@shuey03: I’m guessing you are able to do that volume (100 guest blogs) due to the amazing tools you build?
@GarrettFrench: I’ve maxed out at about 20 GPs a month nothing insane – BLB is the real prospect hog… but there are more prospects there. But I COULD place 100 GPs a month with my tools, yes. And BLB’s cousin, link equity salvage http://t.co/5R3EvD1q found 40k ref domains for client this way. To qualify it was an amazing publisher – great content and a site that’s probably 20 yrs old. BLB is NOT scalable for every client! at least, not the way I do it :)

@gemwebb: IS there a good resource on Broken Link Building?
@CaptainSpaceman: http://t.co/TT5HTh3i.

What are the core methods of link prospecting and what link building tactics do they support?

I believe there are 6 methods of link prospecting… (could be more/less depending how you slice).

  1. Query google at scale for link prospects – this is the most flexible method of building prospect list http://t.co/aAA2yTJE . Queries can support most tactics, but you often have to run 100s of queries, systematically (plug): http://t.co/CPfGJgCX . Here’s my best guide to link prospecting so far: http://t.co/sgzxwClT
  2. Find and scrape lists of blogs so long as you’re in large verticals with active curators http://t.co/C1d8ljoP . If lists exist in your space they are often lists of blogs, maybe local chapters of pro organizations with resource pages.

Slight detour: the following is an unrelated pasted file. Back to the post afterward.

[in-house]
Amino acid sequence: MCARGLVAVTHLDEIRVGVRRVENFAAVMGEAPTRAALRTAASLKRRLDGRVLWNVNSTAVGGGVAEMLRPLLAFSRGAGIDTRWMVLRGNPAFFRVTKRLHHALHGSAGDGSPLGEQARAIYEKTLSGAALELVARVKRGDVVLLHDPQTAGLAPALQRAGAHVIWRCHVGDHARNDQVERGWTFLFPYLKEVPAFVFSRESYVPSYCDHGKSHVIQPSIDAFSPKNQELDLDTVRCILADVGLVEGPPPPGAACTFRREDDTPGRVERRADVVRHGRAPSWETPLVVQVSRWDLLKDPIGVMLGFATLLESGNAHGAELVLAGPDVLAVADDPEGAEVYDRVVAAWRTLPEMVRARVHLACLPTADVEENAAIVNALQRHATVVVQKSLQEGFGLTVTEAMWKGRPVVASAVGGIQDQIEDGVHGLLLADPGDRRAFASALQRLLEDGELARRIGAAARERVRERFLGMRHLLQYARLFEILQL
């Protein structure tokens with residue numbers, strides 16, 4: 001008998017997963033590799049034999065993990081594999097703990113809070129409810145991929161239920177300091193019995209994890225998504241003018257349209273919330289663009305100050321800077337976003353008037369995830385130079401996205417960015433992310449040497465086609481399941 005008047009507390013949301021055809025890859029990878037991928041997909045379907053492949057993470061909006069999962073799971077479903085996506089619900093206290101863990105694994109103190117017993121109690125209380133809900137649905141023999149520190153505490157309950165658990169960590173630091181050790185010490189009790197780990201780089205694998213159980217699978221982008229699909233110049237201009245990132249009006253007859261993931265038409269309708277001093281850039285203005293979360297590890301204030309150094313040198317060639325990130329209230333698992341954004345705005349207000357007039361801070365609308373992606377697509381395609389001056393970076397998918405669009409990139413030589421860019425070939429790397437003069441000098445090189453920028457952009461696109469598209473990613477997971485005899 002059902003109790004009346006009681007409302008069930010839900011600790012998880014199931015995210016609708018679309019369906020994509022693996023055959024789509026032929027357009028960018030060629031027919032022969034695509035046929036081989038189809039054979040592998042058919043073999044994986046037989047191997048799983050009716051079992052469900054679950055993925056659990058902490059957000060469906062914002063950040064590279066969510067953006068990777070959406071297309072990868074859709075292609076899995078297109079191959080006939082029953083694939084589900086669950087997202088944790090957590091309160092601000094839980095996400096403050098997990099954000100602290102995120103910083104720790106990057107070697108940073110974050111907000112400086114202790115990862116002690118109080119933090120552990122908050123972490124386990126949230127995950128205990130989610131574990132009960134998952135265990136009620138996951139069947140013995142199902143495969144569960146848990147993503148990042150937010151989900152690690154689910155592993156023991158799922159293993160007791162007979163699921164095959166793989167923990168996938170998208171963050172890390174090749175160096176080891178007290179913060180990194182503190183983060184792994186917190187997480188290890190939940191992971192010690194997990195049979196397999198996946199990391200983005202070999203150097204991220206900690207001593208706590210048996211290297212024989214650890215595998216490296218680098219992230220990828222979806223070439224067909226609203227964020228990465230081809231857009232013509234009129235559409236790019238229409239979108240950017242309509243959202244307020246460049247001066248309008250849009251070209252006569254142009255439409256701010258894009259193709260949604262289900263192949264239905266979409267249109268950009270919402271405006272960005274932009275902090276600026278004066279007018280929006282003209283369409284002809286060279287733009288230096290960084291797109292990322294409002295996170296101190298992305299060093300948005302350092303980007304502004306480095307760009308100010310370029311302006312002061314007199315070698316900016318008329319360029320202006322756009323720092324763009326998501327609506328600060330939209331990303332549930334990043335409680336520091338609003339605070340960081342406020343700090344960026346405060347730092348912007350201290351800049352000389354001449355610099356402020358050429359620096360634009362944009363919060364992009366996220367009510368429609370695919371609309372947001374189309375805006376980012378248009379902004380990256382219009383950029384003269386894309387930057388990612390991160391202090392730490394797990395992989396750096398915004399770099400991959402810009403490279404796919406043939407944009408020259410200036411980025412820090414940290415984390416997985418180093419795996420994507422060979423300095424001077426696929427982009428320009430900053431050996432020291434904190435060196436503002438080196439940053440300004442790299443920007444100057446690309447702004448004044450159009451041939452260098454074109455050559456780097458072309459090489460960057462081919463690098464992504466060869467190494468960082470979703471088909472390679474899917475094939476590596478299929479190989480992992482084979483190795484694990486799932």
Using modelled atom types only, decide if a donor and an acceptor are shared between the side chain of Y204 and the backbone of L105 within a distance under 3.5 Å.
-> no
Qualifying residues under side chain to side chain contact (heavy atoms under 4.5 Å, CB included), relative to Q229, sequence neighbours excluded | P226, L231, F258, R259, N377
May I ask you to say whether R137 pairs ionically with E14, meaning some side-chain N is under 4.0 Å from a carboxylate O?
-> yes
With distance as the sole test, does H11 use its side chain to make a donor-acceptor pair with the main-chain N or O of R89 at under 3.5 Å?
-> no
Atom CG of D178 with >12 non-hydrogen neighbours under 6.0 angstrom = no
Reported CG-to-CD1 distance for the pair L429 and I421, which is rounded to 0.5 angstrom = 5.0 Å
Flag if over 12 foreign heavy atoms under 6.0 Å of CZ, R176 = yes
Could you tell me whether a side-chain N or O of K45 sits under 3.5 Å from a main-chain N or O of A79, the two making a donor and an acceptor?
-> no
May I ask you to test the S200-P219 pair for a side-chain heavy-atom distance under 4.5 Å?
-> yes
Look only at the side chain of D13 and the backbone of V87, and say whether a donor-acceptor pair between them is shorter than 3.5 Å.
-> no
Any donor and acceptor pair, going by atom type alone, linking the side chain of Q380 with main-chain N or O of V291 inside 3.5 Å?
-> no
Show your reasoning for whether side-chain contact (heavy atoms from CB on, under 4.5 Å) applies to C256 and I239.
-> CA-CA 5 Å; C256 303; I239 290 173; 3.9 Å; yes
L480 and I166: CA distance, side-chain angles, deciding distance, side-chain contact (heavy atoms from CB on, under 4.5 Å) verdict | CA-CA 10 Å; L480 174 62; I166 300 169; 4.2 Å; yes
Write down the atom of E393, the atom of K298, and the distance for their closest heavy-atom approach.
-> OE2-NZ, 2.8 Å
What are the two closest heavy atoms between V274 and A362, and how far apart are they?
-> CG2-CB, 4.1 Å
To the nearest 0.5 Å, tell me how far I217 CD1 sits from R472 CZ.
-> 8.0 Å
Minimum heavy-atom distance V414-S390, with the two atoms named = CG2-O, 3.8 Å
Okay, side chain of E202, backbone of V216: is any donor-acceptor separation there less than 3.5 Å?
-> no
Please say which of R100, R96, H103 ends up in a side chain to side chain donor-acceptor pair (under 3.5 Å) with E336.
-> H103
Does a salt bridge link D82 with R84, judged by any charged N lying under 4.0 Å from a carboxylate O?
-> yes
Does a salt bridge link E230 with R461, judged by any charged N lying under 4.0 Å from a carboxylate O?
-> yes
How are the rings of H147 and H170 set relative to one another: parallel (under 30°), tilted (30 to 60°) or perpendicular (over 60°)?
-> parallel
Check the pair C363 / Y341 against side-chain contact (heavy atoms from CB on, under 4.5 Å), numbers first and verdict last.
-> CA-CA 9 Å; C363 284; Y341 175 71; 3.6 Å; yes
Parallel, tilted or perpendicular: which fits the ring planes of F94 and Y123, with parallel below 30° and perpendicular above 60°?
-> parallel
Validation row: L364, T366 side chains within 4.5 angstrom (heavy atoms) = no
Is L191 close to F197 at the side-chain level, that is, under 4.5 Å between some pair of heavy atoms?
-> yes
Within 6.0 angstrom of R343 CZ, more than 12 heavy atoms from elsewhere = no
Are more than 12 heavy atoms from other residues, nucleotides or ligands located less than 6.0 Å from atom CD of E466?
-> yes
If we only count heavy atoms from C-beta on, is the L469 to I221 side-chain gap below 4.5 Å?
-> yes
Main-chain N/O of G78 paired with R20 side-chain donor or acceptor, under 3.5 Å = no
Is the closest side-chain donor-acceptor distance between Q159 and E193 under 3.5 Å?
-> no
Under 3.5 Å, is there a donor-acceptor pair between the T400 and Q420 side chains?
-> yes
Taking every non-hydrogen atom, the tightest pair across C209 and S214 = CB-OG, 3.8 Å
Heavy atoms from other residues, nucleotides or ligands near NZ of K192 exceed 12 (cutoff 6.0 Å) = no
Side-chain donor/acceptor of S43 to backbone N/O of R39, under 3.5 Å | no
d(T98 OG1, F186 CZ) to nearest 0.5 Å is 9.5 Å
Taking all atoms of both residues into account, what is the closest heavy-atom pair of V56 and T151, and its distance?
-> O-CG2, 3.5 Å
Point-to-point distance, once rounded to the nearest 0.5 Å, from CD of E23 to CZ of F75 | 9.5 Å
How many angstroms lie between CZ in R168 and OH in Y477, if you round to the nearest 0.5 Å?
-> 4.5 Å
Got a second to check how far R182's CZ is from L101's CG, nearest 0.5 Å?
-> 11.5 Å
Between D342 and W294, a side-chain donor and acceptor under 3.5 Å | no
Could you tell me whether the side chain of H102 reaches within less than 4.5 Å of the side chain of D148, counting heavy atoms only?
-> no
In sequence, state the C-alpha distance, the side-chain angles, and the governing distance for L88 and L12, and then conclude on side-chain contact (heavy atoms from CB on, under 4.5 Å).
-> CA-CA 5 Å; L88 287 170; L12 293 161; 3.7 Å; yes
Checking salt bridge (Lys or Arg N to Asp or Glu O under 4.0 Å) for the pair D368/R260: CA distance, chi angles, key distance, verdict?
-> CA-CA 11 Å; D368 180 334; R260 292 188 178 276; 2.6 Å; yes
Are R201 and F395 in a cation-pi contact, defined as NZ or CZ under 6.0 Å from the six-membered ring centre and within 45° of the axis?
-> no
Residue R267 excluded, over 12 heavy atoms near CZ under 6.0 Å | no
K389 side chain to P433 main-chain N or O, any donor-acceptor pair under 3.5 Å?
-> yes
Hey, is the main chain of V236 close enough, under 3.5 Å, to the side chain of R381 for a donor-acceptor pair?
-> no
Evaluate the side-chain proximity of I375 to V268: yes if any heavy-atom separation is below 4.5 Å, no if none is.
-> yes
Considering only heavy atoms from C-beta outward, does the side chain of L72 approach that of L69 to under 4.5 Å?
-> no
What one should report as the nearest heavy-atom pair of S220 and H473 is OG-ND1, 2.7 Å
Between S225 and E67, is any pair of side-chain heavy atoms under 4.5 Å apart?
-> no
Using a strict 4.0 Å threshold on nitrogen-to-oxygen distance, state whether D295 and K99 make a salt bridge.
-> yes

3. Find dead pages that still have links and ask 4 link to your similar content (broken link building) http://t.co/pPirVruZ . You have to have high-grade content for this to work, and a vast library of existing content helps too.
  4. Competitive co-citation analysis – I find this approach inflexible because it doesn’t allow for scale or tactic shifts.
  5. Buy targeted email lists – this is one I heard from @debramastaler but have never tried. @debramastaler email is mentioned here: http://t.co/iakZaR4a .
  6. Lastly I read of folks scraping twitter. Makes sense, haven’t tried it though. Twitter for link building: http://t.co/WpnO3tKu http://t.co/TRiEJ0vB .
  7. I need a method for every client at any scale and queries have always provided that for me.

    @MirandaM_EComm: I think @garrettfrench is being modest with “best link prospecting resource” recomm, his own book is killer! http://t.co/04lONTWt .

    How important is competitive research as part of your link prospecting?